Now and again, beryl is found which lacks coloring substances. In such cases it simply remains a 'mere' colorless beryl. In the trade, it is more often referred to as goshenite after the place where it was originally found, Goshen, in Massachusetts.
You may hear goshenite called white beryl, in a reference to the clear color, or the “mother of gemstones,” because as soon as it acquires impurities, it can turn into a wide range of precious forms of beryl. Such as such as the trace of chromium which make them emerald, or manganese which turns them into morganite.
Here are some of the taking points of goshenite:
Cutting of goshenite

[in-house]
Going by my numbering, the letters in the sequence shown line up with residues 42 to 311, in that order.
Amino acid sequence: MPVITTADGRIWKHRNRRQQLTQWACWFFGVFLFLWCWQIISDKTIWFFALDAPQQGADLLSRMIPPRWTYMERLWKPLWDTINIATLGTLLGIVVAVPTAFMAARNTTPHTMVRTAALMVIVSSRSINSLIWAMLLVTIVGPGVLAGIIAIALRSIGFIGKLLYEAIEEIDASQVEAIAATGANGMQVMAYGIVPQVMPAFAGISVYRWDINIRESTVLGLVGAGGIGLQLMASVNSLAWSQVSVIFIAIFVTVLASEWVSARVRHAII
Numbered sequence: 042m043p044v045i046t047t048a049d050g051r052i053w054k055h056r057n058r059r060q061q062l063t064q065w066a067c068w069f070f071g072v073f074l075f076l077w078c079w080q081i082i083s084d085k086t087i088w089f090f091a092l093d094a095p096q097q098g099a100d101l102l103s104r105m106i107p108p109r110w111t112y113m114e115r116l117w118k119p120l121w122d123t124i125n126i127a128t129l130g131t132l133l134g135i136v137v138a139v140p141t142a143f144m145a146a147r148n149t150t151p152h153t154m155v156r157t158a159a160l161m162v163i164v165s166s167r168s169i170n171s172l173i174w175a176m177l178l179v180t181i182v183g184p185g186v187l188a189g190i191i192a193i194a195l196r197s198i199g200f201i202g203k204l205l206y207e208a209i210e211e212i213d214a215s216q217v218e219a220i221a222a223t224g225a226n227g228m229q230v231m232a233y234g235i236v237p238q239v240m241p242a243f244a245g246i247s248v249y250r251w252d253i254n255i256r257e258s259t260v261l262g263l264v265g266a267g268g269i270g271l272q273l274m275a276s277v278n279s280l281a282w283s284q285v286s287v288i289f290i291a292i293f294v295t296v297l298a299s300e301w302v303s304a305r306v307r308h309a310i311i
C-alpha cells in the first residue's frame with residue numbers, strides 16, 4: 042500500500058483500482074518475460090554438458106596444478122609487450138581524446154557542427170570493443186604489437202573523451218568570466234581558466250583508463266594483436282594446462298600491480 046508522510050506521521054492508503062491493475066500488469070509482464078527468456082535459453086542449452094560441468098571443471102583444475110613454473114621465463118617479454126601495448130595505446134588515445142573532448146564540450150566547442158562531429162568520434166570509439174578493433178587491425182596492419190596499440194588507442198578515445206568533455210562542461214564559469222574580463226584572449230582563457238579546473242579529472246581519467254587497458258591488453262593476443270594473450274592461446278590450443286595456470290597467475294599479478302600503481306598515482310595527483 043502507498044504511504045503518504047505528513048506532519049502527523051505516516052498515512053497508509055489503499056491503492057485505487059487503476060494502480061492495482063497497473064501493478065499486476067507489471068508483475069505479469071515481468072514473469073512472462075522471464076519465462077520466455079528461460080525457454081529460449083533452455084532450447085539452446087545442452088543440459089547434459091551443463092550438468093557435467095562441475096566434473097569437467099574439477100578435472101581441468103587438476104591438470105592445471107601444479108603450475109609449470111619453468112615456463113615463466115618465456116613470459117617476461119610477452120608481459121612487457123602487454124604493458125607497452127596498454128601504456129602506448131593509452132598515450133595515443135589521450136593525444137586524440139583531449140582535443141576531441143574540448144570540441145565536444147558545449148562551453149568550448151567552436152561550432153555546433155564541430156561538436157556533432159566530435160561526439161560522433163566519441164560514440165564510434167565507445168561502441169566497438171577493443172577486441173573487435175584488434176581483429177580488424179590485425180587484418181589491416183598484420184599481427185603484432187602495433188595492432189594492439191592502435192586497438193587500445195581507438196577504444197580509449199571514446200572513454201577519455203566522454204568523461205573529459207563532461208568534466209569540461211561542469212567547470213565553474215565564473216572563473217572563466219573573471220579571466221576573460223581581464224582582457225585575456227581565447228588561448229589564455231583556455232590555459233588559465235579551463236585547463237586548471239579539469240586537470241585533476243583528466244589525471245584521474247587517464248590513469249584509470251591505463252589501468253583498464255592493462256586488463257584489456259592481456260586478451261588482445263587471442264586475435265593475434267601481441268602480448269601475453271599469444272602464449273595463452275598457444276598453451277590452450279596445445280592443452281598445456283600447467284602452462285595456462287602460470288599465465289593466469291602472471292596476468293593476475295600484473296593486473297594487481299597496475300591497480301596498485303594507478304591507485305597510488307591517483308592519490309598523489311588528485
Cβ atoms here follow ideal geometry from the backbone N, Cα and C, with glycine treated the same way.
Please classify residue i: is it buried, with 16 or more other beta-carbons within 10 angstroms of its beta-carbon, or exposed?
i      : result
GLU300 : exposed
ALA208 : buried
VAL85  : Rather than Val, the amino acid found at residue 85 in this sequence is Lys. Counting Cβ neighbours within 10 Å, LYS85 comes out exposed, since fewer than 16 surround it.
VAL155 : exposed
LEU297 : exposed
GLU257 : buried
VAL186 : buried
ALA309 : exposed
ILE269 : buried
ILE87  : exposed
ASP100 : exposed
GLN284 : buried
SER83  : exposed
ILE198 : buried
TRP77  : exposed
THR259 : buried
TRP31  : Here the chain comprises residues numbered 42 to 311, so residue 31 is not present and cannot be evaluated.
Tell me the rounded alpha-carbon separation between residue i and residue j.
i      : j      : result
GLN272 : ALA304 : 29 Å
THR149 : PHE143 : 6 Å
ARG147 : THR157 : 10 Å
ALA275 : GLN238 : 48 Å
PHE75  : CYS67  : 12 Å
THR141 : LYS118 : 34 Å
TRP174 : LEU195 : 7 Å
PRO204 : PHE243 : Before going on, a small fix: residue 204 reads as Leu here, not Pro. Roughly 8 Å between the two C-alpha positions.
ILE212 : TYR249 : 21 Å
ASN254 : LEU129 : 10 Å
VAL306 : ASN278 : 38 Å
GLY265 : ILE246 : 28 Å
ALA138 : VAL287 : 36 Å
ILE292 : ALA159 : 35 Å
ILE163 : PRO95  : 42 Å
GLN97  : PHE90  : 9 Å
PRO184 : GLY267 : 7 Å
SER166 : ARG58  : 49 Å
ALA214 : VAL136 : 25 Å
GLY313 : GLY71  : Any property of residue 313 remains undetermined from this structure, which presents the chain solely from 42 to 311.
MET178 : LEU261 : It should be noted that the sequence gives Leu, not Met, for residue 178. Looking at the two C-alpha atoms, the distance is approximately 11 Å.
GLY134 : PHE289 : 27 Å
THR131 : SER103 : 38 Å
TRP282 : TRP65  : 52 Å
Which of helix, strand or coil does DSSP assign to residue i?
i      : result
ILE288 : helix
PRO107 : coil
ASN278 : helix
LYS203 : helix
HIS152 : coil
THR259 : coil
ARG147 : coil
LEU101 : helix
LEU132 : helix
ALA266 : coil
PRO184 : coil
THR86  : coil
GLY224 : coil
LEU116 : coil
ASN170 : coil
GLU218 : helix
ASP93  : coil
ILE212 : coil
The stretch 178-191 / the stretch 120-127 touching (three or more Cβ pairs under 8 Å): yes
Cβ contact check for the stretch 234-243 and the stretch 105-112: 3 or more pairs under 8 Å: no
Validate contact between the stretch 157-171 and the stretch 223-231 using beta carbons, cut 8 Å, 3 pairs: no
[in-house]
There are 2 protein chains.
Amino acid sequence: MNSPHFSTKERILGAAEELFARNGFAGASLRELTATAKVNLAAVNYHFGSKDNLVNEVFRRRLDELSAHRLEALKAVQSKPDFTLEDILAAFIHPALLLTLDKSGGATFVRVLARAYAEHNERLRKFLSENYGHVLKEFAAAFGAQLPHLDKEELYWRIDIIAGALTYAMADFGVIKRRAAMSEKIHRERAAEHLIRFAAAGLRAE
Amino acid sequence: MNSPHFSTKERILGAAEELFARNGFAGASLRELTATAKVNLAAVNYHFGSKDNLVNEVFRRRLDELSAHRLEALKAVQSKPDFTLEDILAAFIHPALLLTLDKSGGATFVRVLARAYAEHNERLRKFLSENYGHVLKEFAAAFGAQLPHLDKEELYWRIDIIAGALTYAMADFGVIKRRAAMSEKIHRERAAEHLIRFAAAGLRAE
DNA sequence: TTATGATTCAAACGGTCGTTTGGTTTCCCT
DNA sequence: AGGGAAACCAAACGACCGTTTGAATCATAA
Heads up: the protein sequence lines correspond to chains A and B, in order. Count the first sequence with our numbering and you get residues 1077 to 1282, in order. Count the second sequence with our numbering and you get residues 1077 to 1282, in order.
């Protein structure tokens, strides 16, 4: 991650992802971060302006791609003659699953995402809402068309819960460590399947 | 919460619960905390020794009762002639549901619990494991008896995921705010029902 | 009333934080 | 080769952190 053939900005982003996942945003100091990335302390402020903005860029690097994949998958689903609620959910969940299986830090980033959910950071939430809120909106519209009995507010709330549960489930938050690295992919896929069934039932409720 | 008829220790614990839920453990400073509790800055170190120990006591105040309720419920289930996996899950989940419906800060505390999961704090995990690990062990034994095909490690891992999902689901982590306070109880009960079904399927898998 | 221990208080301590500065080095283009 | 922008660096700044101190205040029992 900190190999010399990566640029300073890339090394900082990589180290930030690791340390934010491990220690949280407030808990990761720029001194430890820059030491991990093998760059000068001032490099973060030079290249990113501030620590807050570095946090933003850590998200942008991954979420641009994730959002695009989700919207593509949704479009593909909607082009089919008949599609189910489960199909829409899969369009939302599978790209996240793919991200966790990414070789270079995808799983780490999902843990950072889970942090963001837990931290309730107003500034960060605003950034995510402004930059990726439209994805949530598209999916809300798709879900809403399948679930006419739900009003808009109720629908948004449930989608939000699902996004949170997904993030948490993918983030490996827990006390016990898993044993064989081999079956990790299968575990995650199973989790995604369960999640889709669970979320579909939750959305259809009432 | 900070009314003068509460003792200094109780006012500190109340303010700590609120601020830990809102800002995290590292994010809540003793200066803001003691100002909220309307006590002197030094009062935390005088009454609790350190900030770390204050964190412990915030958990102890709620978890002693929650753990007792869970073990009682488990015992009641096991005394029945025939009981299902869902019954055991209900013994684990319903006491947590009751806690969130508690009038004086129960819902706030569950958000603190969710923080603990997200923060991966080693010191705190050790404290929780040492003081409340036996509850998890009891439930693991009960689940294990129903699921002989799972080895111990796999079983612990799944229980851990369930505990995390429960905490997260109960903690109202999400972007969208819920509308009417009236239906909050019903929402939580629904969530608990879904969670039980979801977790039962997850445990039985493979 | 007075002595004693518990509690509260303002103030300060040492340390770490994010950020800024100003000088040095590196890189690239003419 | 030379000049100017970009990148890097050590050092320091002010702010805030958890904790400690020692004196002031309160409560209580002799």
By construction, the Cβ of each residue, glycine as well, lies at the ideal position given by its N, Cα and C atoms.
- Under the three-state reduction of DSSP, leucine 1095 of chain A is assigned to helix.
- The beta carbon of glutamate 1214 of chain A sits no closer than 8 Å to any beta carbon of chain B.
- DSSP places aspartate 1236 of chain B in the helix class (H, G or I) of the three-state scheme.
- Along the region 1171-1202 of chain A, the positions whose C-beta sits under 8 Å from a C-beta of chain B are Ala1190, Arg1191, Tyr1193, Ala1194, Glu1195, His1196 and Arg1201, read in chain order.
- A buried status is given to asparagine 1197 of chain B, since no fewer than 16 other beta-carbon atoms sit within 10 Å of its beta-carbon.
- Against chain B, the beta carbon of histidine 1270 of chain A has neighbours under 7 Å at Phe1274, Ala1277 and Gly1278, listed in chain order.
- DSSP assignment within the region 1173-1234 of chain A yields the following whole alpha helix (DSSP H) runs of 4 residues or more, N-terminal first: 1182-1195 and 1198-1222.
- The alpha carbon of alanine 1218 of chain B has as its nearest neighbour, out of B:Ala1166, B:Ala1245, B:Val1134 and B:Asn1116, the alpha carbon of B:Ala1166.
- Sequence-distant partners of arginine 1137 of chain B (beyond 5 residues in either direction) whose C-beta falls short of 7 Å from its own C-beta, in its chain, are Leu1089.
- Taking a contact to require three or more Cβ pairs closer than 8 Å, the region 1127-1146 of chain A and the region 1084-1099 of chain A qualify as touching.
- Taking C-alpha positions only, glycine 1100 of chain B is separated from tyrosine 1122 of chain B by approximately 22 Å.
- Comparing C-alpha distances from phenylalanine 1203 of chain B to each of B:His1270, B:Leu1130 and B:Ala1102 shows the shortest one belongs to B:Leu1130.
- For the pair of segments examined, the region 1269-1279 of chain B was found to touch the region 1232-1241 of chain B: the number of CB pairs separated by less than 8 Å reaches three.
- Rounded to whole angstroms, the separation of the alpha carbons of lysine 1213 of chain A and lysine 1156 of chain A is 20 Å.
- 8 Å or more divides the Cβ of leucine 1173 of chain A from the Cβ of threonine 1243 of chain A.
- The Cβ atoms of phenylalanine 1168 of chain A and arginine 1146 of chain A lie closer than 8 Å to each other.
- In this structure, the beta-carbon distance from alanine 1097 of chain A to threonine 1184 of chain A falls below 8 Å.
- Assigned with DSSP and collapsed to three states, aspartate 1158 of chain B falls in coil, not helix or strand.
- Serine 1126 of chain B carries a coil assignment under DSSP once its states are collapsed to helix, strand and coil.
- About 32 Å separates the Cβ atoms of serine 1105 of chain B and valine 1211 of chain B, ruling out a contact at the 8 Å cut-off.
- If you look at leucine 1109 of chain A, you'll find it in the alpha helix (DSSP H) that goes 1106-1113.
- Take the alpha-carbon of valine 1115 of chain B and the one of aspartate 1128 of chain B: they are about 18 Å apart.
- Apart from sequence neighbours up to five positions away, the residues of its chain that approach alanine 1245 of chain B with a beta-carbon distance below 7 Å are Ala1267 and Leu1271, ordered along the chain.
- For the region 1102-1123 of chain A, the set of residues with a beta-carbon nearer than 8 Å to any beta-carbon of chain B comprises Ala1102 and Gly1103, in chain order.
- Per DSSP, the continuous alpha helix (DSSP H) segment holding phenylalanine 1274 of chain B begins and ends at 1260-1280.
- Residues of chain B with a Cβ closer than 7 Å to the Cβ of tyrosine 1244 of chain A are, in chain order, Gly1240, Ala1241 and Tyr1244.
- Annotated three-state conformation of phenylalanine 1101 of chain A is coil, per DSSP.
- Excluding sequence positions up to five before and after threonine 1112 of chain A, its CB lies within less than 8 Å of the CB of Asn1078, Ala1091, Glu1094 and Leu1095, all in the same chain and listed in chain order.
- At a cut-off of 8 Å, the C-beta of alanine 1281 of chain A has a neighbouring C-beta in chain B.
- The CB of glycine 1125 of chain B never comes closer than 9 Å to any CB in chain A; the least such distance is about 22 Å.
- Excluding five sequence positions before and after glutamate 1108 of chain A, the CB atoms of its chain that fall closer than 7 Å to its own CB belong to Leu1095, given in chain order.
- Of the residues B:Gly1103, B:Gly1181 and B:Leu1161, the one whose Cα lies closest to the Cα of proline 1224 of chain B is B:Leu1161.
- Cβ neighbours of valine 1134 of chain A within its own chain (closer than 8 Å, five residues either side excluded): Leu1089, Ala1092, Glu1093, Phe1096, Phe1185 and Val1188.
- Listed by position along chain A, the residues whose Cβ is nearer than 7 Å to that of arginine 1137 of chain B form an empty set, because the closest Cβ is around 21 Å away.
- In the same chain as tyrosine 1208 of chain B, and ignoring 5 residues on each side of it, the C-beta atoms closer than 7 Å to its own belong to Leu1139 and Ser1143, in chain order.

The typical hexagonal beryl crystals with their often vertically striated surfaces are mainly found in the gemstone deposits of South America and those of Central and West Africa. However, they also occur on Madagascar, in Russia and the Ukraine, and in the USA. The skilled lapidaries turn them into a multitude of many-faceted shapes. In particular, beryls are well suited to rectangular or square step cuts, since it takes a clear design to bring out the transparent beauty of this colorful gemstone family to the full.
Mohs Hardness of 7.5 with a hexagonal crystal structure.
Excellent hardness, and resistance to corrosive substances.